Summit Right Brain: Lee Rogers Band stacking up the winter gigs |

Summit Right Brain: Lee Rogers Band stacking up the winter gigs

Heather Jarvis
The Lee Rogers Band will play Saturday, Nov. 26 and Dec. 28 at the Historic Brown Hotel in Breckenridge; Friday, Dec. 2 at Goat Tavern in Keystone; Dec. 23 at the Snake River Saloon in Keystone and New Year’s Eve at Zuma Roadhouse.
James M. Innes / Special to the Daily |


Check out the Lee Rogers Band:

Nov. 26: The Brown Hotel, Breckenridge

Dec. 2: Goat Tavern, Keystone

Dec. 23: Snake River Saloon, Keystone

Dec. 28: The Brown Hotel, Breckenridge

New Year’s Eve: Zuma Roadhouse, Keystone

Born and raised in Austin, Texas, music is in Lee Roger’s blood. From the time he first picked up a guitar to his current decades-long career, creating music has always guided his path in life. Bouncing back and forth over the years from his hometown to the mountains, the Lee Rogers Band has become a staple in the Summit County music scene over the years. Now living back in the area full time, the founding member is adding plenty of gigs to the winter lineup.

The Lee Rogers Band will play Saturday, Nov. 26 and Dec. 28 at the Historic Brown Hotel in Breckenridge; Friday, Dec. 2 at Goat Tavern in Keystone; Dec. 23 at the Snake River Saloon in Keystone and New Year’s Eve at Zuma Roadhouse.

Although the Lee Rogers Band has changed members and evolved over the last 20 years, the current lineup includes Tony Black on drums, Andy Irvine on bass and Robert McDaniel on keys. Rogers describes the music as Texas blues, with some Southern rock influences, falling into the category of Kenny Wayne Shepherd or Gary Clark Jr.

“It’s a little more psychedelic, a little more rock, a little less classical blues,” he said.

Bouncing back and forth from Colorado to Texas over the years, Rogers first moved to Summit County in 1997 to attend Colorado Mountain College, choosing the area for school because of a desire for “ski bumness,” as he calls it.

“There were no ski mountains on Sixth Street in Austin,” he laughed.

Upon his arrival, a couple well-known musicians took Rogers under their wings, helping him get into the Summit County scene. The late Arnie J. Green and Brad Huff became his mountain music mentors.

“They were very special,” he said.

In 2004, Rogers headed back to his hometown to earn an audio engineering and music business degree while working for Willie Nelson at Arlyn Studios.

“A couple years later they turned that studio into a major recording studio, and now it’s probably one of the most coveted studios in the South,” he said. “For a good couple years I got to spend some time working in that studio, with some great musicians down in Austin, people you would recognize up here.”

This year, Rogers and his family moved back to Summit County, with plans to play shows throughout the state with his band, who all live in Colorado as well.

Rogers and the band are currently working on a project where they will record both in Denver and back in Austin, releasing the songs on their website as completed, rather than producing a full album. They will be playing the new tunes at their live shows, and then plan to get into the recording studio in early 2017.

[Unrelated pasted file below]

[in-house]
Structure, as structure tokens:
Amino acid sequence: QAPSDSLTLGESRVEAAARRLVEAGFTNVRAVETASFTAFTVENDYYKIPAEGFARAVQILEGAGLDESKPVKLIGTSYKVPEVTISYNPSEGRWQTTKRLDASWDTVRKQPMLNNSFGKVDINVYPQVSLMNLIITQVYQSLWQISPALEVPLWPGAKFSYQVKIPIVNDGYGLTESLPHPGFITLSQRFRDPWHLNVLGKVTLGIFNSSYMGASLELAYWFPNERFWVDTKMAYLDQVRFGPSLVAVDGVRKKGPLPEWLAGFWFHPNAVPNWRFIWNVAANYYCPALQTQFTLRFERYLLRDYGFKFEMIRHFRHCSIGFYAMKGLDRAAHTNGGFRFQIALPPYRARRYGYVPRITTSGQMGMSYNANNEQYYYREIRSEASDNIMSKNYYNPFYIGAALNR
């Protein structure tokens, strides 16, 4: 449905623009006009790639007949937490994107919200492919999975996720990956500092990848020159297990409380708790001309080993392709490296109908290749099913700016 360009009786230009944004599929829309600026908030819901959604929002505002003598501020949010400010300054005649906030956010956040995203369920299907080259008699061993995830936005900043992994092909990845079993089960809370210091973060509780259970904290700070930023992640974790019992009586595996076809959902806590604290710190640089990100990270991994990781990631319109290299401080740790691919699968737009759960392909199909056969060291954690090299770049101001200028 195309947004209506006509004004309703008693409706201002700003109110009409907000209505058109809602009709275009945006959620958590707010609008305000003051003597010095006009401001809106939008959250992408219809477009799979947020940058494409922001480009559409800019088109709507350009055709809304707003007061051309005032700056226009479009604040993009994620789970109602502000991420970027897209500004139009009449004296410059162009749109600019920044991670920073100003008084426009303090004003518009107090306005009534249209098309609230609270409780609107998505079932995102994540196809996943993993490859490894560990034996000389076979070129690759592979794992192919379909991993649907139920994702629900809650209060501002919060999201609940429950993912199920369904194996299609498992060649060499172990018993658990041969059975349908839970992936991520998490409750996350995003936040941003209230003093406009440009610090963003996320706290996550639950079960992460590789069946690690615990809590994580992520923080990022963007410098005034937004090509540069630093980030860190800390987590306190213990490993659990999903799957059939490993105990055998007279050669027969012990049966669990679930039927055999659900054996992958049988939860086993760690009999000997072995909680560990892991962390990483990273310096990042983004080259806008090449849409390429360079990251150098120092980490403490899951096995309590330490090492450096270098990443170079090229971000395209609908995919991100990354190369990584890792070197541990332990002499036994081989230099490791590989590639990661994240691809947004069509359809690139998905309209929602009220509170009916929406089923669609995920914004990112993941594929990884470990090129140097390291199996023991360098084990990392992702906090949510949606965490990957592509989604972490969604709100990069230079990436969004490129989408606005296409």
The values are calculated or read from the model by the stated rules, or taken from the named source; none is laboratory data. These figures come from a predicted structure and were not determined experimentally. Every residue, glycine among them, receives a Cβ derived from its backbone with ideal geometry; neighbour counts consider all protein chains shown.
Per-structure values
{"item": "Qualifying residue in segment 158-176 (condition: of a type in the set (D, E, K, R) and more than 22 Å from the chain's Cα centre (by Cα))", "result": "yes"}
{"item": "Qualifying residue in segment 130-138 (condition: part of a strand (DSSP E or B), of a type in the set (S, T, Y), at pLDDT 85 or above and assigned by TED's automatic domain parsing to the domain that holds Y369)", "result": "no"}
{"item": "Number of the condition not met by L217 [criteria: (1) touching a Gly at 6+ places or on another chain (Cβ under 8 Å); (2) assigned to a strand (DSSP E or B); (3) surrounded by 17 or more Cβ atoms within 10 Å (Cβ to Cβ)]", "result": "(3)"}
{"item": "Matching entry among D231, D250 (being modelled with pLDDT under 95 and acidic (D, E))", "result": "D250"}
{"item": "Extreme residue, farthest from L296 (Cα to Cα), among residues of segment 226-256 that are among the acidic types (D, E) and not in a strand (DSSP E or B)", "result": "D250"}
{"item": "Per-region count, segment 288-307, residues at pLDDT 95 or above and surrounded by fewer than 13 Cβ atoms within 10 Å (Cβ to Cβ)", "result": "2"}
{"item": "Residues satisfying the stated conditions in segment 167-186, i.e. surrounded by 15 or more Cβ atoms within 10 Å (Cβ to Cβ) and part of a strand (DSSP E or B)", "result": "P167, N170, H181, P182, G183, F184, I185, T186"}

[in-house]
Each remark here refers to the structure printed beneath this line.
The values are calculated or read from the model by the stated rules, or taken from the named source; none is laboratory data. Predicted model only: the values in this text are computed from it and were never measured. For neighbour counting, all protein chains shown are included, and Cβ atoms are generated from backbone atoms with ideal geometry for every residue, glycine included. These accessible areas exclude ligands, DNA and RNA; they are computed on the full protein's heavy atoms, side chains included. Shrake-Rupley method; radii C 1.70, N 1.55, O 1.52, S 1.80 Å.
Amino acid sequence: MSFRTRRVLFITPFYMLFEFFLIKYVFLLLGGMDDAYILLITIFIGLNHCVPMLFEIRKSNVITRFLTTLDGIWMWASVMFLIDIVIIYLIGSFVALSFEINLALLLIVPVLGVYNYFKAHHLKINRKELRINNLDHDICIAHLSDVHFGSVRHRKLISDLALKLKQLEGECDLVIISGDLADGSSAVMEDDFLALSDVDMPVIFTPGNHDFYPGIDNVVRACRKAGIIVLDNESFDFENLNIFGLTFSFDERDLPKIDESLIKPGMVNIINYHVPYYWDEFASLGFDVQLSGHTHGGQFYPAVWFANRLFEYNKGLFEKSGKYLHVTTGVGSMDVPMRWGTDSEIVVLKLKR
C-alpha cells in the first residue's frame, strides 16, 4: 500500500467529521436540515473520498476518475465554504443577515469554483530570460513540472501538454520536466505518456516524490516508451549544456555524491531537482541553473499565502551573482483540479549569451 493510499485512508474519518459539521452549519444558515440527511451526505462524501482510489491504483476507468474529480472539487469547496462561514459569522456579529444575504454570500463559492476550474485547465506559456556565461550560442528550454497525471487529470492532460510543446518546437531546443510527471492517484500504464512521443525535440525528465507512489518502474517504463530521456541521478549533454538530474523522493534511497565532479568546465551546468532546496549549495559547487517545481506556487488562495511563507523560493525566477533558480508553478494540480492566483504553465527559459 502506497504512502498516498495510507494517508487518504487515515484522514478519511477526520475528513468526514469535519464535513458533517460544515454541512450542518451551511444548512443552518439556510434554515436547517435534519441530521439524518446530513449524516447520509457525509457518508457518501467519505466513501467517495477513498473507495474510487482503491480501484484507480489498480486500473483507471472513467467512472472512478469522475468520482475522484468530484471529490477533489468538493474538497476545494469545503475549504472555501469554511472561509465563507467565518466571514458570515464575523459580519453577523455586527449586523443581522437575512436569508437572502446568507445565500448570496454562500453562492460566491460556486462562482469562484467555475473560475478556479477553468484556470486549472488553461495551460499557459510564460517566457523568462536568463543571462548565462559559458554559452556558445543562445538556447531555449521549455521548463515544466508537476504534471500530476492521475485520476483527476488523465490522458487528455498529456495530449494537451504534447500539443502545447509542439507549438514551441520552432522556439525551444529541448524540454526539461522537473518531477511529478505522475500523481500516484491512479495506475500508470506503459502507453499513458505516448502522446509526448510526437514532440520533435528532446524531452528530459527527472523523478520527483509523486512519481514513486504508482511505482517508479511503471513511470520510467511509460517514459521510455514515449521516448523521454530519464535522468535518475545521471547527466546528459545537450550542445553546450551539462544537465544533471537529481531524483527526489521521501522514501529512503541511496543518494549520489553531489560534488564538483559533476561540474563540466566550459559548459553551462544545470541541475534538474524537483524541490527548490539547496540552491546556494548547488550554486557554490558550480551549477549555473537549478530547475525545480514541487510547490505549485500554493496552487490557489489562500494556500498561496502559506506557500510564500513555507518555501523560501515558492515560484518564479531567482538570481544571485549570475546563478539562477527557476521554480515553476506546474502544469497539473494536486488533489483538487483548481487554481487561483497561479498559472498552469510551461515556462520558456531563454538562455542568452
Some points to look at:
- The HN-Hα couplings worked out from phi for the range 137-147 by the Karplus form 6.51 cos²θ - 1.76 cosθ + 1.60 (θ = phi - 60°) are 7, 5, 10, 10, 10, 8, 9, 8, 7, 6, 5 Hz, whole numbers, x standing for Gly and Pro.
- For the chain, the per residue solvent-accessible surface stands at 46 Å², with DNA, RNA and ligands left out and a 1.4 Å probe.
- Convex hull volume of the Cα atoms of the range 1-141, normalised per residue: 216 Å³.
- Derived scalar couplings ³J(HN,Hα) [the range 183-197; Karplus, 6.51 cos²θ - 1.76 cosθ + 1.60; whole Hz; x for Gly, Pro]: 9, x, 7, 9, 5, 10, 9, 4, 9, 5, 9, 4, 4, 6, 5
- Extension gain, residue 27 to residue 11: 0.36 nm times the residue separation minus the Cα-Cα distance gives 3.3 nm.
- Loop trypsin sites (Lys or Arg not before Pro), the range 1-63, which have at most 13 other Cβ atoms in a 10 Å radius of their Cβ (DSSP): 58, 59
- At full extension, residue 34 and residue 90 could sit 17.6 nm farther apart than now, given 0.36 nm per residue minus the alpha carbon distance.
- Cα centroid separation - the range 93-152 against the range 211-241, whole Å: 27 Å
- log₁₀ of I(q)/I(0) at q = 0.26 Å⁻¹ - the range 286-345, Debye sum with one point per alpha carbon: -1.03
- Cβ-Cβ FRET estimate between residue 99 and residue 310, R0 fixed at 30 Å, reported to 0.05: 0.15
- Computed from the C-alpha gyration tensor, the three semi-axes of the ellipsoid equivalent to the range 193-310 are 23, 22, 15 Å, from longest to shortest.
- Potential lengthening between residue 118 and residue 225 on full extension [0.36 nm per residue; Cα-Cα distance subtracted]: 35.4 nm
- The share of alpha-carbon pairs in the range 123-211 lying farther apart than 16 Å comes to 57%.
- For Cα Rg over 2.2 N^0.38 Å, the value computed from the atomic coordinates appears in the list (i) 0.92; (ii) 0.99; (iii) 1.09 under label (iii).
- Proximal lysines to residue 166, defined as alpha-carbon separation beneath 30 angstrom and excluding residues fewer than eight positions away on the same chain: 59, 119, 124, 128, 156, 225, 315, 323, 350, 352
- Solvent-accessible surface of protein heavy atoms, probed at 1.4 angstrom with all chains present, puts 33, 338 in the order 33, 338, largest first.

Summit Daily News: How many albums have you put out throughout your career?

Lee Rogers: I’ve played on a few, recorded Lee Rogers Band on maybe two, engineered and produced three or four. … I haven’t done a recording or been doing any work in the studio since I left the studio business. Being a musician doesn’t necessarily mean that you like being in the studio. … I did that for several years and at the end of it I was ready to go back to the stage. And these guys that I have — I’m blessed. They are … probably some of the best musicians in a six-state radius.

SDN: Tell us about the new songs you are working on.

LR: It’s kind of an interesting project. … As I said, our sound is more of a Texas blues, so I would say the songs on it are more in the realm of a Gov’t Mule type sound, which we got to work with Warren Haynes and Gov’t Mule on the last couple albums, back in Arlyn Studios, so there was a lot of influence with that. One of the songs is straight out of the Gov’t Mule playbook.

SDN: How did you first get into playing music?

LR: Well it’s city law that you have to play Stevie Ray Vaughan, so I grew up doing that, or trying to. I grew up in Austin, Texas, in its hey-day, with so many great guitar players and musicians it just makes your head spin, and it was just the thing to do, the right thing to do.

SDN: When it comes to writing music, do you feel you have an agenda?

LR: I’m 38 years old, I’ve got four kids, I’ve got multiple companies, I’m not trying to change the world with my guitar anymore, but you just try to say something that makes sense to people.

SDN: What inspires your music?

LR: Growing up in Austin, Stevie Ray, Freddie King and a whole bunch of other guys that people wouldn’t know — Ian Moore, Jake Andrews. Those are the guys that I got to be inspired by when I was in my youth. … Back then you go to a couple of those shows and before long you’ll have the fever, and that’s what happened to me. I was really blessed that I got to come to Colorado, Summit County, when I was 18, 19 years old, and get away from such a competitive scene and get up where you can breathe a little bit. … It was really inspiring. I started playing with great guys. … Summit County was really sort of the diving board so to speak for me to get out of the Austin shadow and put my own band together.

SDN: What advice would you give to aspiring musicians?

LR: Play with as many people as you can. No matter where you go, no matter where you are, play well.

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